It possible for India vast majority of 1.25 billion people to be connect to the internet? This is the goal of Prime Minister Narendra Modi’s Digital India campaign. However, if the government is to reach this goal, they will need to make internet access more accessible and affordable. Smartphones are the only way to achieve this goal.
Modi’s policy has strong arguments. Researchers have seen evidence that mobile access has a multiplier effect for more than a decade. In 2005, it was estimate that every 10 percent increase in mobile access leads to an increase of almost 0.6% in GDP in low-income countries. A 2009 World Bank study showed that an increase of 10% in internet access leads to a 1.3% increase in GDP for developing countries.
India appears to be heading in the right direction. As the cost of smartphones has fallen and accessibility has improved, India has seen a huge increase in its use. The country has also jumped frogged old technologies and moved straight to the most recent gadgets.
It is not uncommon to find Indian homes without electricity but with mobile phones. Many people believe that India is now at a turning point in terms of its internet user base growth.
The market is dominated by smartphones and mobile phones, less than 3 percent of Indian phones are landlines and 89% of broadband connections in India are wireless.
In addition, the government has made significant progress through Make in India, a flagship strategy that aims to create a local environment for more mobile phones.
It easy to assume that a smartphone, as defined by the dictionary. A phone that can be use on cellular networks that are 3G or 4. This is incorrect. Smartphones can be any phone that has a touchscreen, access to the internet and apps. Smartphones not design for high-speed internet access called feature phones.
The figure shows that the majority of smartphones used in India between 2016 and 2017 were not 4G or 3G-enabled. Nearly 75% were feature phones and are therefore not suitable to access high-speed internet.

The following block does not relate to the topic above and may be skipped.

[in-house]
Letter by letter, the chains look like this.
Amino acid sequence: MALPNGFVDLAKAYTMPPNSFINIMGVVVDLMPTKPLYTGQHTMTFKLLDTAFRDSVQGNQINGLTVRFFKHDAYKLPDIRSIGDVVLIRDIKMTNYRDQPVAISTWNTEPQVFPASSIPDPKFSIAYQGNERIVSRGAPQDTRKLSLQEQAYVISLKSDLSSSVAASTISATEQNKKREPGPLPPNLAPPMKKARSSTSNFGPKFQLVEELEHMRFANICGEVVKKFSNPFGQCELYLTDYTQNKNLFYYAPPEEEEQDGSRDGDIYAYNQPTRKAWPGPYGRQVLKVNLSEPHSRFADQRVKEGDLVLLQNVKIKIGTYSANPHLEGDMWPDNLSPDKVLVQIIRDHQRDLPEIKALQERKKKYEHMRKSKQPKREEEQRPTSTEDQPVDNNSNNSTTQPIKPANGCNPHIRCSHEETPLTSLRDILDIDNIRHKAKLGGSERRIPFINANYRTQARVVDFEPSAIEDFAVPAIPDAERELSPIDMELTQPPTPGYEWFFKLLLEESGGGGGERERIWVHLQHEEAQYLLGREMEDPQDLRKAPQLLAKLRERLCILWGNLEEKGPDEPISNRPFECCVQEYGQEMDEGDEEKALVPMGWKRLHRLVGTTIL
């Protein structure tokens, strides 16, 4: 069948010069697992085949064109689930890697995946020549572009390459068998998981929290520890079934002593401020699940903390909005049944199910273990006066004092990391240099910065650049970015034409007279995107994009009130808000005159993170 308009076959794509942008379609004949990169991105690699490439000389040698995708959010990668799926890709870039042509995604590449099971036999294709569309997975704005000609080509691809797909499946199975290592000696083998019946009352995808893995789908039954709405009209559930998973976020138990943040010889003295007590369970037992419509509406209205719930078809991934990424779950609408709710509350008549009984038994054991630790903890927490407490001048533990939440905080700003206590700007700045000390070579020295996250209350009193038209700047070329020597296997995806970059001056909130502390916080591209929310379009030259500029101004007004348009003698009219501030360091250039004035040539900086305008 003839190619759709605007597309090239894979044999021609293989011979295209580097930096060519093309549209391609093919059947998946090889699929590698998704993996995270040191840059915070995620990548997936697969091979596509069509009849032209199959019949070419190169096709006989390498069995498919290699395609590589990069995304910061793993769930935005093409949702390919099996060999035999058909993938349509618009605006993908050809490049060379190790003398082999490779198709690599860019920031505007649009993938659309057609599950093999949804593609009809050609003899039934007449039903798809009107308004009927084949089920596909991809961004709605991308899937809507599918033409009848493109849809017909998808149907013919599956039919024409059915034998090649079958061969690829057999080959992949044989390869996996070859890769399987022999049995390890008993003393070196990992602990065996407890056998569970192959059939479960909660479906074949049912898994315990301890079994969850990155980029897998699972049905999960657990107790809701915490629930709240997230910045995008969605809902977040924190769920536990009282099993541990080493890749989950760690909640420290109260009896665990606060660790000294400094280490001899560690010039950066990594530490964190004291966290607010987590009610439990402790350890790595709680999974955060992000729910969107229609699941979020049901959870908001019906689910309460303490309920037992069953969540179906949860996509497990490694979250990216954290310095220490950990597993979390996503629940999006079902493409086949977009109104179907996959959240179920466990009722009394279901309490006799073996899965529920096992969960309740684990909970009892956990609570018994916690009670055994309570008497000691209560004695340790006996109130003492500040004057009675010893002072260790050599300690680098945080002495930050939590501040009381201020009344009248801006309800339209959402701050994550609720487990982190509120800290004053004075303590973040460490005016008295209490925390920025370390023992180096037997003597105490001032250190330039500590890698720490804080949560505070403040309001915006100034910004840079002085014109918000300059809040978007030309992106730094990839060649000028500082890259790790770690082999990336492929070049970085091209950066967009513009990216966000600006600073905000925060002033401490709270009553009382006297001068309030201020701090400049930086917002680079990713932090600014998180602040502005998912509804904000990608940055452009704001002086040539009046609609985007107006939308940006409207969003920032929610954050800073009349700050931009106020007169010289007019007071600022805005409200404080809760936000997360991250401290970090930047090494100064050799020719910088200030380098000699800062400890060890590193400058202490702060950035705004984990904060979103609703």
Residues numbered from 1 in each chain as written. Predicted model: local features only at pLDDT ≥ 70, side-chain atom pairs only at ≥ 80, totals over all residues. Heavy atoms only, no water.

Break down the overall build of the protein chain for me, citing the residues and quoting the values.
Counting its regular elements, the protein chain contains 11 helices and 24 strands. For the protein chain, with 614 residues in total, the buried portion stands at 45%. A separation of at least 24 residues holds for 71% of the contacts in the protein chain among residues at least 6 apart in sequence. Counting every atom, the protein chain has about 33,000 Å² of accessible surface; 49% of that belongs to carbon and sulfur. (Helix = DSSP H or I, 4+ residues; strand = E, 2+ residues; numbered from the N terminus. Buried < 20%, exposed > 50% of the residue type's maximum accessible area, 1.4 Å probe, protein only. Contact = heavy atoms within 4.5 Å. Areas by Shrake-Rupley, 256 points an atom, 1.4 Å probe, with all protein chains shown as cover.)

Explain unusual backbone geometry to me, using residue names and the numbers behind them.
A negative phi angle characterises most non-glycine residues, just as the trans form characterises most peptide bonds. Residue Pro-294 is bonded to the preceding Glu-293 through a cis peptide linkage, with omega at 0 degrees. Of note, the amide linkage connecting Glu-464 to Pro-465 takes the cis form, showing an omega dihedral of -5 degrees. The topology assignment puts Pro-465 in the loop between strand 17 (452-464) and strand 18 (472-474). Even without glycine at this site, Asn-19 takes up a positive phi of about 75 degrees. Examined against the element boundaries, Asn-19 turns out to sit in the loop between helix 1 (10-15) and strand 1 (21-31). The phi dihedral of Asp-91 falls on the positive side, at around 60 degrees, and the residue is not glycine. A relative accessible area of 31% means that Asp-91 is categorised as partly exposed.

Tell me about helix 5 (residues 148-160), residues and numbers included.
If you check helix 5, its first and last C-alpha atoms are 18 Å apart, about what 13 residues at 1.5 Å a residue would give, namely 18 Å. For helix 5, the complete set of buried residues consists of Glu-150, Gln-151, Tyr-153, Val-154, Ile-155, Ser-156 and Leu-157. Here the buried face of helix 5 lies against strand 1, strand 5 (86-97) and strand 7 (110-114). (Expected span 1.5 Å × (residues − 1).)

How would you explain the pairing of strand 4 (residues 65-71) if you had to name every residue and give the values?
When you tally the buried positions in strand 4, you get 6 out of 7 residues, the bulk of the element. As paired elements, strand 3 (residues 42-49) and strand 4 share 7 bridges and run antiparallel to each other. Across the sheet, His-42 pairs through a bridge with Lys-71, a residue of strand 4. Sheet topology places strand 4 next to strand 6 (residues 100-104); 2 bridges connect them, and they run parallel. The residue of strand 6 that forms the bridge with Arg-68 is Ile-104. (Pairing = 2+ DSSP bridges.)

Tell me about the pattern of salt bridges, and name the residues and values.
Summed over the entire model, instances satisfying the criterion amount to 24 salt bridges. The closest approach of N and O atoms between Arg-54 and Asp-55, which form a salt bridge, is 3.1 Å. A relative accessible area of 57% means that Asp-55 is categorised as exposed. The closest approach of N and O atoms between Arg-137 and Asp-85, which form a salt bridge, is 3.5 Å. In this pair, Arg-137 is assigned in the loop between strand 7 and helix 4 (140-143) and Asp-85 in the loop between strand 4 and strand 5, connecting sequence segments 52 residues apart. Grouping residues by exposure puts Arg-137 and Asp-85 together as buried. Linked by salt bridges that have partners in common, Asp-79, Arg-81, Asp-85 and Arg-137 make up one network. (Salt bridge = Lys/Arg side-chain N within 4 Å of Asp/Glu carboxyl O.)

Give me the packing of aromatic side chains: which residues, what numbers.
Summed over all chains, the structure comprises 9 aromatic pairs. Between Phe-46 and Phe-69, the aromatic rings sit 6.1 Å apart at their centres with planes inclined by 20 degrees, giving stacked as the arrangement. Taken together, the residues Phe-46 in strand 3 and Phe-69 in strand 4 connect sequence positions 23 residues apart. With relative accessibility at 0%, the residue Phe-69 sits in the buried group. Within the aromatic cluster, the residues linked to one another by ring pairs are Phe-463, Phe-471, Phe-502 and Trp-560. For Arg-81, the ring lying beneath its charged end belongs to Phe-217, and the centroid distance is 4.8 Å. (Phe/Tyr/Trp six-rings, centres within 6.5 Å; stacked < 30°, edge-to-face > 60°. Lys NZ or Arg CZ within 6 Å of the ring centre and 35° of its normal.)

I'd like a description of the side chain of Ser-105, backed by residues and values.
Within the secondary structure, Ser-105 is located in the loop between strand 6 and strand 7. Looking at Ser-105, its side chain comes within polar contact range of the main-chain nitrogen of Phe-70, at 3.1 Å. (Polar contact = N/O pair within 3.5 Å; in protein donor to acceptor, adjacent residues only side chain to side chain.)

India requires affordable smartphones that can connect to the internet, and 4G or 3G-enabled phones. Also, India must have data plans that are cheaper with decent speeds.
India Cheap Phones And Expensive Connections
India’s telecom industry may soon be changing when it comes to data. Reliance Jio, a Mumbai-based telecom company, is now officially entering the market. It is own by Mukesh Ambani (the country’s richest man).
Reliance Jio and regulator, on one hand, and existing telecom companies on the other, have been engaged in a heated exchange of words about this entry. Initial refusals by incumbent providers to provide Reliance Jio necessary “points for interconnect”, i.e. locations where traffic can be exchanged between networks, was a sign that they were not willing to do so.
Both the incumbents as well as the newly launched company are in agreement on one thing: they oppose the current high taxes on telecom service, which include both voice and data.
The overall cost of the services and the price of the smartphone will still be prohibitive for Indian customers who are price sensitive. This is a serious problem that could lead to the derailment of the government’s Digital India strategy.
We Have Hope For The Future
Smartphones have become cheaper due to market forces. The majority of smartphones that India will produce in the next few years is 3G and 4G enabled.
The country’s linguistic diversity makes it difficult to access content on smartphones. However, the Constitution of India recognizes 22 languages. This is being addressed. Indus OS, India’s second-most popular mobile operating system, is an example of how market forces are moving in the right direction. It provides content in multiple languages through its App bazaar platform.
There is reason to be optimistic about recent attempts by regulators to lower voice- and data costs. A government with a large budget deficit will not be willing to forgo tax revenue.
There are two options to get more Indians online: either taxing telecom services too much or avoiding the policy uncertainty and blatant corruption that have plagued the sector over recent years.
A sick telecom industry is bad for the country and its citizens. The sector has been moving in the right direction by market forces, but now it is time for government to step in.